comment at the top that includes information about the author and included code.
Each function should have a header comment. See the file posted to moodle about
good style that was generated by the CS 305 students.
Test cases
 You should try running the program of several pairs of cities (some that are
not in the graph and some that are).
 Test your code on both test files provided. The AllUSRoutes.txt uses what US
Government’s FAA has in its database as far as the airports go and I pulled all
flights for all carriers for 2017 to establish the connectivity between
individual airports. Your code has to work on files SampleRoutes.txt and
 Graph is not connected, so some airports serve only local connections (or the
FAA’s list keep the airports without service, or the airports are military
without commercial carrier service), but not to other US cities.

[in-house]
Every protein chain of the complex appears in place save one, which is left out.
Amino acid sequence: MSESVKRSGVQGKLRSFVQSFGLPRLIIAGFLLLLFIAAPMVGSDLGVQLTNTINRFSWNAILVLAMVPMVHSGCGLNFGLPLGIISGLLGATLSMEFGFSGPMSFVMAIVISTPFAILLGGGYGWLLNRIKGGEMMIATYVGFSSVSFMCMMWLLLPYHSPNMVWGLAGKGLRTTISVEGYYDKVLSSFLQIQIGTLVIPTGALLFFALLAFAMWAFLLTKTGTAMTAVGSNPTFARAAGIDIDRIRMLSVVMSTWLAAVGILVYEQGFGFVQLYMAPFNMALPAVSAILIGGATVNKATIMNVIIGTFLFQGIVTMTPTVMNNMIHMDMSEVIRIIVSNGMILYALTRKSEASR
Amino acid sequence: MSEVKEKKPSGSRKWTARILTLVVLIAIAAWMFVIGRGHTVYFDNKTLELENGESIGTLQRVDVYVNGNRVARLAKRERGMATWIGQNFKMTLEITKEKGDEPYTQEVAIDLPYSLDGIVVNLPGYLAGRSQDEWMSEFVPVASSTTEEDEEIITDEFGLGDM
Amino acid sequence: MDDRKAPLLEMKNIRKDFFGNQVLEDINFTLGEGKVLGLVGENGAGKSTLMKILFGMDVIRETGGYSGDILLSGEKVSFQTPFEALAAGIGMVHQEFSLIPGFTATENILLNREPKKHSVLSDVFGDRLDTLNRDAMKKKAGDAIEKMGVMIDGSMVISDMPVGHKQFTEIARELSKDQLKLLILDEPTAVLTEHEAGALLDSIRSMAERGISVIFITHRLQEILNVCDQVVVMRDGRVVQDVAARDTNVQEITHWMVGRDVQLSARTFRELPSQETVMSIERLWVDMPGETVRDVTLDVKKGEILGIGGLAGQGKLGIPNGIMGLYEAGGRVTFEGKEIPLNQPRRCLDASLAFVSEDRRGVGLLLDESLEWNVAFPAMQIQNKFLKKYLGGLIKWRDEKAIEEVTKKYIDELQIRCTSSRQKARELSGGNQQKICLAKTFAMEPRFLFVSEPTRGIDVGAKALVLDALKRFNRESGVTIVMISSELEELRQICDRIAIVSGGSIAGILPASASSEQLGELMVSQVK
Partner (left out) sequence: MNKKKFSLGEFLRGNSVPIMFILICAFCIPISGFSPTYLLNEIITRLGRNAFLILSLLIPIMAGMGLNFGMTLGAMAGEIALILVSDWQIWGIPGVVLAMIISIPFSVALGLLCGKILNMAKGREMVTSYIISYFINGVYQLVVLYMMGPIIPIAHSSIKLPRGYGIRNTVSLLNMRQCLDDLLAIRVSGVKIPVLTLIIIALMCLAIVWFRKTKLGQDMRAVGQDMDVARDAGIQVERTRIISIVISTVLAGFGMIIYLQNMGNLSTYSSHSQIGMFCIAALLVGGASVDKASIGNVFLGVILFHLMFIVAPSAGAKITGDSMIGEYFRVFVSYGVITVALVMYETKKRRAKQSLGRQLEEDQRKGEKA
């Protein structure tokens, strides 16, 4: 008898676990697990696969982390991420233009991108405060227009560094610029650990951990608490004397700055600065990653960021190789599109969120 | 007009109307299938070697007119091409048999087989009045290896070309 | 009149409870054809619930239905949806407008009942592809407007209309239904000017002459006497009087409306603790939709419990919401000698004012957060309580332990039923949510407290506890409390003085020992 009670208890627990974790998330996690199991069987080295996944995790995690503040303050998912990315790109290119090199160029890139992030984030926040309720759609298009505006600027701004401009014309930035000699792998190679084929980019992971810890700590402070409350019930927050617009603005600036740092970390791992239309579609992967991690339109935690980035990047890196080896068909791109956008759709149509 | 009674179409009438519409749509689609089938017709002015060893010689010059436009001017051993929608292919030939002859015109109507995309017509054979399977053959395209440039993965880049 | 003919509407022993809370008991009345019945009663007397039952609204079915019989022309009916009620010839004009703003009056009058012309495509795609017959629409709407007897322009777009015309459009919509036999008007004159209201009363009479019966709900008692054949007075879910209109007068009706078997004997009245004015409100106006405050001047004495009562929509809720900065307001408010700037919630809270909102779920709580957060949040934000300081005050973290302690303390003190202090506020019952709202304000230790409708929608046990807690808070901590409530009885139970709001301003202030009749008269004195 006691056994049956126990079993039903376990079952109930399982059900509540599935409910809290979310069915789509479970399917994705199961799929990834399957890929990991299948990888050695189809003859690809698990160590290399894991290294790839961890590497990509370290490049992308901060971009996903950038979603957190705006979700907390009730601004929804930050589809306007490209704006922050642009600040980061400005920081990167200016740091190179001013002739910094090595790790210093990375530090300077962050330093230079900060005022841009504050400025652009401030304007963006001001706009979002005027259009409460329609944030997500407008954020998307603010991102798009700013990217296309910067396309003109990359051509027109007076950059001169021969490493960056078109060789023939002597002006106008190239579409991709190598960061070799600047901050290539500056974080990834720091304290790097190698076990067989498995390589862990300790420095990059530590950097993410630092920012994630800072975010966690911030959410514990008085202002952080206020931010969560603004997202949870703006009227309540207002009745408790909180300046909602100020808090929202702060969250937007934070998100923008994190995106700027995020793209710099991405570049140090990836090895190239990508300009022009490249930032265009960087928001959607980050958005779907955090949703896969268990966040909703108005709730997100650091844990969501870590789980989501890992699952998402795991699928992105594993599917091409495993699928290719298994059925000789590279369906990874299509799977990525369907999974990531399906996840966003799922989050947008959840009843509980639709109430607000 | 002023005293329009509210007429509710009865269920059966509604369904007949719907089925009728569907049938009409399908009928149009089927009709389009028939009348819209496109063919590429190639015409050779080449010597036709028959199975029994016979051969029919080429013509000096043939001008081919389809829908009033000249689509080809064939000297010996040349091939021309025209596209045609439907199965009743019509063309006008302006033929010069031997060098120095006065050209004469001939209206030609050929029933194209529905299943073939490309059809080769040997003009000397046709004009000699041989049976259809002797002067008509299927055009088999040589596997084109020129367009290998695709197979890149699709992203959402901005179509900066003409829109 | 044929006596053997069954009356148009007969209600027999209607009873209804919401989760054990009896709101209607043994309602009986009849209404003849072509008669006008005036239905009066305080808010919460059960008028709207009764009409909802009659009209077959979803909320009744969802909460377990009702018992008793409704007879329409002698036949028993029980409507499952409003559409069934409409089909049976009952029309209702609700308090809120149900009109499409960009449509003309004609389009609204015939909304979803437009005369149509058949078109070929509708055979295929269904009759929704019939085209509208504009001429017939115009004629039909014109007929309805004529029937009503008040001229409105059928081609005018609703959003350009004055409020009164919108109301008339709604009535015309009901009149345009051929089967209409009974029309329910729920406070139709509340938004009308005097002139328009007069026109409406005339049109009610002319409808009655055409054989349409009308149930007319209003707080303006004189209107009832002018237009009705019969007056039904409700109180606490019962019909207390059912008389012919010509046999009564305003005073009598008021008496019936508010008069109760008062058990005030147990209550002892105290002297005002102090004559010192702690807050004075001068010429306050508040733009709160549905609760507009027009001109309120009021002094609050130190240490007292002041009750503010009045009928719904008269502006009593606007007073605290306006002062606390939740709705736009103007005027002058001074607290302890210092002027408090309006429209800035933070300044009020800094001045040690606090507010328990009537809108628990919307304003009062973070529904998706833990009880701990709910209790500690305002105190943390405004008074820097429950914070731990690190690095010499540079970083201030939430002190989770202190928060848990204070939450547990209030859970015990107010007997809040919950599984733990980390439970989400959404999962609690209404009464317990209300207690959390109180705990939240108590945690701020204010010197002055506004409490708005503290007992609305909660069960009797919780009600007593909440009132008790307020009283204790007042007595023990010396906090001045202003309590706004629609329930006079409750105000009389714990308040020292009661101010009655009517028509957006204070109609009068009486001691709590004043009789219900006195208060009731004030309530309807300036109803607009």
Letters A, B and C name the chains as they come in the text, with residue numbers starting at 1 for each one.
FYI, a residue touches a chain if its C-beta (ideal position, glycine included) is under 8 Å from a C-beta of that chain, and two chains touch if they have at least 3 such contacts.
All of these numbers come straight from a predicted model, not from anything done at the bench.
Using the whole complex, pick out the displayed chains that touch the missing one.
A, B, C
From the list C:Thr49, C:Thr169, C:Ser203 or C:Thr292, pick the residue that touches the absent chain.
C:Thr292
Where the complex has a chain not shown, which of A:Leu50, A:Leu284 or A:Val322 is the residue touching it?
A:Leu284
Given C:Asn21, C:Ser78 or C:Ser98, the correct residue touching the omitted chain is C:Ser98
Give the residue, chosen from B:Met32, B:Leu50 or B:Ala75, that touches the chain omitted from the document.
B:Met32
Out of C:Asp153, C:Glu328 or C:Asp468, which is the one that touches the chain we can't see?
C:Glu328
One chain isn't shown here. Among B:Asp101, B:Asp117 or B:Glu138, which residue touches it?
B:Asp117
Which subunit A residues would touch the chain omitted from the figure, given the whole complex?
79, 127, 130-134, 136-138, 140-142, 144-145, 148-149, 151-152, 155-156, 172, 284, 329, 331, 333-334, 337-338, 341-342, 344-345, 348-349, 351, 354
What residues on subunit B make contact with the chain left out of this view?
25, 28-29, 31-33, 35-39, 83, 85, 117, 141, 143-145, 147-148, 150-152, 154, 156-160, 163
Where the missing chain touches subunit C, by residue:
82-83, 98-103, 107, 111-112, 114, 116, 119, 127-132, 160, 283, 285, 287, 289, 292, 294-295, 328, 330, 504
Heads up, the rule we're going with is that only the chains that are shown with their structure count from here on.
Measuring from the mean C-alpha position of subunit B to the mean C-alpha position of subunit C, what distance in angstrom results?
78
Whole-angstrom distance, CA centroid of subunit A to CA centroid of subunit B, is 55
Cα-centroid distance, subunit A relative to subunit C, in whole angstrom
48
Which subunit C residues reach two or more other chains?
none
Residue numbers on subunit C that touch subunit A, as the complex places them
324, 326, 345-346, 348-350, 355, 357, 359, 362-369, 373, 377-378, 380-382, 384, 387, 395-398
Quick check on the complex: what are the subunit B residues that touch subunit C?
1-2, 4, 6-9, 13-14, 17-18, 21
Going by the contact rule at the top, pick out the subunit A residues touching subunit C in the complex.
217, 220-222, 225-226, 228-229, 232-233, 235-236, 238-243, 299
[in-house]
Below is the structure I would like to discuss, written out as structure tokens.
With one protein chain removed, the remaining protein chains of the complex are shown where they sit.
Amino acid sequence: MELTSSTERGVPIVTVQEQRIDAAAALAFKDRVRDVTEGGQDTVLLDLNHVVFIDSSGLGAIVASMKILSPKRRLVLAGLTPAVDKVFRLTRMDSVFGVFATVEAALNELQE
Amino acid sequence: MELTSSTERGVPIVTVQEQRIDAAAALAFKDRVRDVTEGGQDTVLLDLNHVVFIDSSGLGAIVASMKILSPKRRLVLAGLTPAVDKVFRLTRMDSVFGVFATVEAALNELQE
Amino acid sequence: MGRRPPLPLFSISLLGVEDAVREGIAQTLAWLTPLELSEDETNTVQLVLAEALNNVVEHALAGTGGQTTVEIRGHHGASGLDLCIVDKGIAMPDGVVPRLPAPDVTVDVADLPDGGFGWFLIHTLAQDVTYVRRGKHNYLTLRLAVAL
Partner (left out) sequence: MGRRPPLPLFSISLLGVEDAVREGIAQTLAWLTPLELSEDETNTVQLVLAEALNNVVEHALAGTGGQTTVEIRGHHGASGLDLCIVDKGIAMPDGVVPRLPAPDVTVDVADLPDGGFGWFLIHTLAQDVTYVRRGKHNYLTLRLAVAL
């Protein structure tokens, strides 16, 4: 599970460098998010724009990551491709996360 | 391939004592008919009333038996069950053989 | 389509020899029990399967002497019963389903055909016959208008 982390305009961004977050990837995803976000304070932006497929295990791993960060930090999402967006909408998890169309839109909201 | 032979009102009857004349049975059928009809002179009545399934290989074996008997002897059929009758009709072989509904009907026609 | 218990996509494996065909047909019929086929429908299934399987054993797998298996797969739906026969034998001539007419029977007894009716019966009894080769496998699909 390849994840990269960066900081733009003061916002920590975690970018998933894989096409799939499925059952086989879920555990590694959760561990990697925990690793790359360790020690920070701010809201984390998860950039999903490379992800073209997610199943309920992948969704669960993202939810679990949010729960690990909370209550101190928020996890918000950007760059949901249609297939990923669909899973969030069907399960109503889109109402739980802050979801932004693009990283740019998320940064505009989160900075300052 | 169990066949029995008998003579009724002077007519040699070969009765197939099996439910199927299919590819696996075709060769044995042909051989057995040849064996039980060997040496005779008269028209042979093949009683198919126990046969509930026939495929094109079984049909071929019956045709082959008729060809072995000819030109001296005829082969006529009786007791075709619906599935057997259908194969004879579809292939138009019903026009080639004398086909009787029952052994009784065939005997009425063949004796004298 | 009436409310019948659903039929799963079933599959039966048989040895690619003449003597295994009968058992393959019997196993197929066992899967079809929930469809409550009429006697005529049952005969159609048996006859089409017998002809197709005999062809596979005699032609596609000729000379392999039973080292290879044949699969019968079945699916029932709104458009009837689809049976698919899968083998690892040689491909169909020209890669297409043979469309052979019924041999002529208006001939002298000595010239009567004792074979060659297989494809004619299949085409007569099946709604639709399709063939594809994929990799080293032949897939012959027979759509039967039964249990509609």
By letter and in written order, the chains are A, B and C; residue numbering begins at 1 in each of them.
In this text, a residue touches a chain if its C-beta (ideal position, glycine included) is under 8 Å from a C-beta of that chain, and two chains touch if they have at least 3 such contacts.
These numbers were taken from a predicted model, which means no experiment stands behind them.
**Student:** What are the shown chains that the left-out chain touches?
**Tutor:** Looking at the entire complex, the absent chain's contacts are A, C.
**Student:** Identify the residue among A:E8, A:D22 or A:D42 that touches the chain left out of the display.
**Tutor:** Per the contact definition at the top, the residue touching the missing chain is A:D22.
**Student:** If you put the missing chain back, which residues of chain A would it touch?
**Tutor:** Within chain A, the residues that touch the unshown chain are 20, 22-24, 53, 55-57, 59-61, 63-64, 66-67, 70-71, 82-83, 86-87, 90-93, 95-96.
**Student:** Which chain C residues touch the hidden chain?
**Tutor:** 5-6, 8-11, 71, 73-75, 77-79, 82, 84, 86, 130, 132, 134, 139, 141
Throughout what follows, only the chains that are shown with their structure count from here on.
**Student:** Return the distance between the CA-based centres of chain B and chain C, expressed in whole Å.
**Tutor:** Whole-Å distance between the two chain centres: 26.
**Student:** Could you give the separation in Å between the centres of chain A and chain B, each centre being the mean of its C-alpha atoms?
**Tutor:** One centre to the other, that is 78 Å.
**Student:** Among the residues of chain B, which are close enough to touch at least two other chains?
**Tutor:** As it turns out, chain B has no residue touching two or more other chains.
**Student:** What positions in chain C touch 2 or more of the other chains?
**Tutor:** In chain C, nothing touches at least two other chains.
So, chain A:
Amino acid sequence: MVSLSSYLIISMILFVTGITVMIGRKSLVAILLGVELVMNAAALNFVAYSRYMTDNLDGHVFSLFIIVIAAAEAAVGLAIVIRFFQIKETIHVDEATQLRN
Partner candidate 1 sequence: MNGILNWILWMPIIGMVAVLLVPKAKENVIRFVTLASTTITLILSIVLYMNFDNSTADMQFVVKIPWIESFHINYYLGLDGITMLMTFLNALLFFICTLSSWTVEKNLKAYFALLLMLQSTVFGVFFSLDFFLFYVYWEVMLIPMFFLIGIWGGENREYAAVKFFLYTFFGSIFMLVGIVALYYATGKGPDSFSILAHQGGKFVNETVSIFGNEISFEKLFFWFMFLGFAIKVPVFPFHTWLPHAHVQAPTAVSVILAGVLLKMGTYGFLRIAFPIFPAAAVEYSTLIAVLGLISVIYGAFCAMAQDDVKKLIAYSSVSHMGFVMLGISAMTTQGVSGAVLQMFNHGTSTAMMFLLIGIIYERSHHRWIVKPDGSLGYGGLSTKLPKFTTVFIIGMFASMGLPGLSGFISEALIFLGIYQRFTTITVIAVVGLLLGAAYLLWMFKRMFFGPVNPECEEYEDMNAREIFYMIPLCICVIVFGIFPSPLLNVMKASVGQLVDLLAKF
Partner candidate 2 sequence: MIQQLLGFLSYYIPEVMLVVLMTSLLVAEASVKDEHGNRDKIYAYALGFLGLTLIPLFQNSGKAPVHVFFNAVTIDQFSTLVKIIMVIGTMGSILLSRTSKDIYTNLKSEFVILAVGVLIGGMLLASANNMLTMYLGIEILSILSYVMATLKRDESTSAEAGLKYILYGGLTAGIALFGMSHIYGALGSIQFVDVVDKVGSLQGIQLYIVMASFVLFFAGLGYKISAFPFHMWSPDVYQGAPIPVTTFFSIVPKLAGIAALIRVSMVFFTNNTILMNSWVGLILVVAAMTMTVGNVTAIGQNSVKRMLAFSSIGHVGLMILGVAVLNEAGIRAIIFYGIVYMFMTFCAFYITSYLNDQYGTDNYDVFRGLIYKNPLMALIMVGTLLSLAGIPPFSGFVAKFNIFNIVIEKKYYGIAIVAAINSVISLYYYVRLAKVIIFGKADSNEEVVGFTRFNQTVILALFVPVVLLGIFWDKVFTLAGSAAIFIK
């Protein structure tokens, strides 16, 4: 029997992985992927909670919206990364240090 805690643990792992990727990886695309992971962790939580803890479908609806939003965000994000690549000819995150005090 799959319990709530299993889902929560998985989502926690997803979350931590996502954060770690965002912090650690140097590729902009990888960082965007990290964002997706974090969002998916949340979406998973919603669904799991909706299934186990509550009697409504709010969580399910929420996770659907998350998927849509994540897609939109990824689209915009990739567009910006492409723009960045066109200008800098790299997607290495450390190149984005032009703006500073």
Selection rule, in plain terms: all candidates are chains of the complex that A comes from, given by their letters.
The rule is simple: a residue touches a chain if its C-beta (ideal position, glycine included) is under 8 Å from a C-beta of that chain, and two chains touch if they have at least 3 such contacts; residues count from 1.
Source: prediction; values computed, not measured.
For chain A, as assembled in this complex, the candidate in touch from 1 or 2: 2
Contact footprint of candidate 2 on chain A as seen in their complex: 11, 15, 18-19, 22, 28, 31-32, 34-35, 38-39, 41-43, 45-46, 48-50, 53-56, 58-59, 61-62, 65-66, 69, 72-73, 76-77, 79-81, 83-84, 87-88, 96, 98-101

 Try to find the longest air route
 Try to find the route with most connecting flights (will still be shortest route)
Additional Enrichment
If you have time, you may try writing the graph data structures from scratch instead
of using the starter code.
You could try modifying the graph so it is undirected instead of directed. But, be
sure to save your original code in a directory and put the new code in a separate
You could try adding flight times and check that the flights depart after the earlier
flights land in the path. (This will require some substantial changes to the existing
code.) Be sure to save your original code in a directory and put the new code in a
separate directory.
Please document the additional features in your code and your written summary.